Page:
Jane Austin (1775-1817) is renowned for her precise, exquisite prose. She completed six novels in her lifetime, two (Northanger Abbey and Persuasion) of which were published posthumously. She is widely celebrated as a supreme stylist - a writer of perfectly polished sentences. According to Austen's brother Henry: "everything came finished from her pen."
But according to research from Oxford University English professor Kathryn Sutherland, this seems to be a myth. Professor Sutherland, an Austen authority, studied
The manuscripts reveal that Austen was an experimental and innovative writer, constantly trying new things. But the 1,100 handwritten pages of unpublished work also show that she broke most of the rules for writing good English. "In particular, the high degree of polished punctuation and epigrammatic style we see in 'Emma' and 'Persuasion' is simply not there," Sutherland said.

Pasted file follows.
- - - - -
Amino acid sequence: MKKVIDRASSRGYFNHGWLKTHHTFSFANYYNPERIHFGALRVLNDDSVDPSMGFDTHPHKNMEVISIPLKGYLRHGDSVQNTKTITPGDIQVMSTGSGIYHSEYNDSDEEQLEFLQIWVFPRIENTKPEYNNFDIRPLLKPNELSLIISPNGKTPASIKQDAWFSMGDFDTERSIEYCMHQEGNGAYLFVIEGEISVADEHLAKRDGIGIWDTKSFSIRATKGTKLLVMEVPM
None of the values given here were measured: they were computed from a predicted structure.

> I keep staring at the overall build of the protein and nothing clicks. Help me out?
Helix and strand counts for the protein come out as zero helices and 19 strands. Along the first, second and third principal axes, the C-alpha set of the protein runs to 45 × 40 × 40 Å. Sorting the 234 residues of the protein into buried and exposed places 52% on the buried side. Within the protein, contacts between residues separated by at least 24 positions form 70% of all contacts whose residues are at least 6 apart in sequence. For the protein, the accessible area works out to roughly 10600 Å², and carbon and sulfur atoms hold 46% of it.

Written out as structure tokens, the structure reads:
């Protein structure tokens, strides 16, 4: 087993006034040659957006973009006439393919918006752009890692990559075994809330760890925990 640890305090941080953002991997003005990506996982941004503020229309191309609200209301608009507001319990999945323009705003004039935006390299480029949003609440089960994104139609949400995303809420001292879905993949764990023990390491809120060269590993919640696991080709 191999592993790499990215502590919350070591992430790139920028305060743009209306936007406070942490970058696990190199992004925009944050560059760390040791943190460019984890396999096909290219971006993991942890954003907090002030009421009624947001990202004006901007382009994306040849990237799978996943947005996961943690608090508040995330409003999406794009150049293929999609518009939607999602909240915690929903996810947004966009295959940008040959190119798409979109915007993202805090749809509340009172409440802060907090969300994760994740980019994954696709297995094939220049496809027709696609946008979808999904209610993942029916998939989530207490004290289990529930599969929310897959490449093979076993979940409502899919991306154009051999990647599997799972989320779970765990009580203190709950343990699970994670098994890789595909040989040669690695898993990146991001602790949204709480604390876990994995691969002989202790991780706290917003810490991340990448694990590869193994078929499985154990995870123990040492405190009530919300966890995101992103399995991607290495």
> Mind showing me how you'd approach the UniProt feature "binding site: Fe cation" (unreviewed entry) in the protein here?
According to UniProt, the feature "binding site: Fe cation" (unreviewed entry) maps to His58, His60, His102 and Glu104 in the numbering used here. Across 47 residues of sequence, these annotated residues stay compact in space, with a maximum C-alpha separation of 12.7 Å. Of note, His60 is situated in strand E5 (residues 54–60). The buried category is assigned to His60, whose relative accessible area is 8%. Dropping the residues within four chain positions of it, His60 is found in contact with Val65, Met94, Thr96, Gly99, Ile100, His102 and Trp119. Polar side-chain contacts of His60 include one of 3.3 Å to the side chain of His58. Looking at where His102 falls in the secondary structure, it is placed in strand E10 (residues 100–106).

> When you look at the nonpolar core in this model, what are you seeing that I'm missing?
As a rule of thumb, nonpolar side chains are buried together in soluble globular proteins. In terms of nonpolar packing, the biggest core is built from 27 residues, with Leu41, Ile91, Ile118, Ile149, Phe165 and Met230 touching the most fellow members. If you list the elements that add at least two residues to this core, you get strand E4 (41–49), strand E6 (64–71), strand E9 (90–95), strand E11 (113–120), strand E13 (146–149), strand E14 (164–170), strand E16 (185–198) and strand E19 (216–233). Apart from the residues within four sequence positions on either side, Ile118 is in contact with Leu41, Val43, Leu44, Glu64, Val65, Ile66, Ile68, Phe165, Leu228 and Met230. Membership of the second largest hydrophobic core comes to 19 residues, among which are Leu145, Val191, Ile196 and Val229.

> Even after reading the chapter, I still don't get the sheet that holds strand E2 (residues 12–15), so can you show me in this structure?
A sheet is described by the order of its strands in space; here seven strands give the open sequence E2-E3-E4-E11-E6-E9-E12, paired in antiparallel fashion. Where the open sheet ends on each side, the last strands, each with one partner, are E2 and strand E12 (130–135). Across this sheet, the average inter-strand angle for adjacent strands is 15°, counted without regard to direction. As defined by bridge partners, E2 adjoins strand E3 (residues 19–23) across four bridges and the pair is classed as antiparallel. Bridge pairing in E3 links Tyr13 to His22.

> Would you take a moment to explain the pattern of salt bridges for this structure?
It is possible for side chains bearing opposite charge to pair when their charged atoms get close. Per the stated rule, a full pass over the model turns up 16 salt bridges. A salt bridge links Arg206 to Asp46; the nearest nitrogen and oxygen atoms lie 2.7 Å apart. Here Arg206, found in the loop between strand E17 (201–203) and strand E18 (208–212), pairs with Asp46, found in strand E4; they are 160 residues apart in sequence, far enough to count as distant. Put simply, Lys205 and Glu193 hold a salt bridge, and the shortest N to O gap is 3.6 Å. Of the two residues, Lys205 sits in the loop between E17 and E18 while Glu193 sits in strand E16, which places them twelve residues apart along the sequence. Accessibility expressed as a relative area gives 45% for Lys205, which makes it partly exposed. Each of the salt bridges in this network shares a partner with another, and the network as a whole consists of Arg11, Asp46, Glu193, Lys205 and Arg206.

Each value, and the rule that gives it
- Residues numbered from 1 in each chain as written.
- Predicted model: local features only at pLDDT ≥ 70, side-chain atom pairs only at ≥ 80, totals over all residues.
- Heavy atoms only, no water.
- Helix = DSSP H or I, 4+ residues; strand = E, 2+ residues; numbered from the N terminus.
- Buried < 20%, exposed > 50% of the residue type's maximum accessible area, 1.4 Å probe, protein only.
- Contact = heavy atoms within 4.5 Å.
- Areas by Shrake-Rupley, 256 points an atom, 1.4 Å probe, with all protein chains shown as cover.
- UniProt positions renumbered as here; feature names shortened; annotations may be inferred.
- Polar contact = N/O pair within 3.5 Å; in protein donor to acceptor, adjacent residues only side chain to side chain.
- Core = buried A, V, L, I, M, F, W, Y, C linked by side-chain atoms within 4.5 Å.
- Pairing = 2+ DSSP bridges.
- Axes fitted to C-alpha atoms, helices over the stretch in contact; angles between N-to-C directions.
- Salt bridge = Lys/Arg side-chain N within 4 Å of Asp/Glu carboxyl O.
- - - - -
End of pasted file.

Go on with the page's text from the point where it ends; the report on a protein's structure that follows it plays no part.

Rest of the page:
Letters from Austen's publisher reveal that editor William Gifford was heavily involved in editing Austen’s work.
Gifford was a poet and critic in his own right. He worked for Austen’s second publisher, John Murray. Gifford did not edit earlier books such as "Sense and Sensibility" and "Pride and Prejudice," that are much closer to Austen's manuscript style.
Jane Austen was obviously not great at spelling or correct use of punctuation. One of her grammatical errors was the inability to master the ‘i before e’ rule and her works were littered with distant ‘veiws’ and characters who ‘recieve’ guests. She also wrote in a ‘regional accent’: ‘tomatoes’ as ‘tomatas’ and ‘arraroot’ for ‘arrowroot’.
Austen's handwritten manuscripts can be found at http://www.janeausten.ac.uk.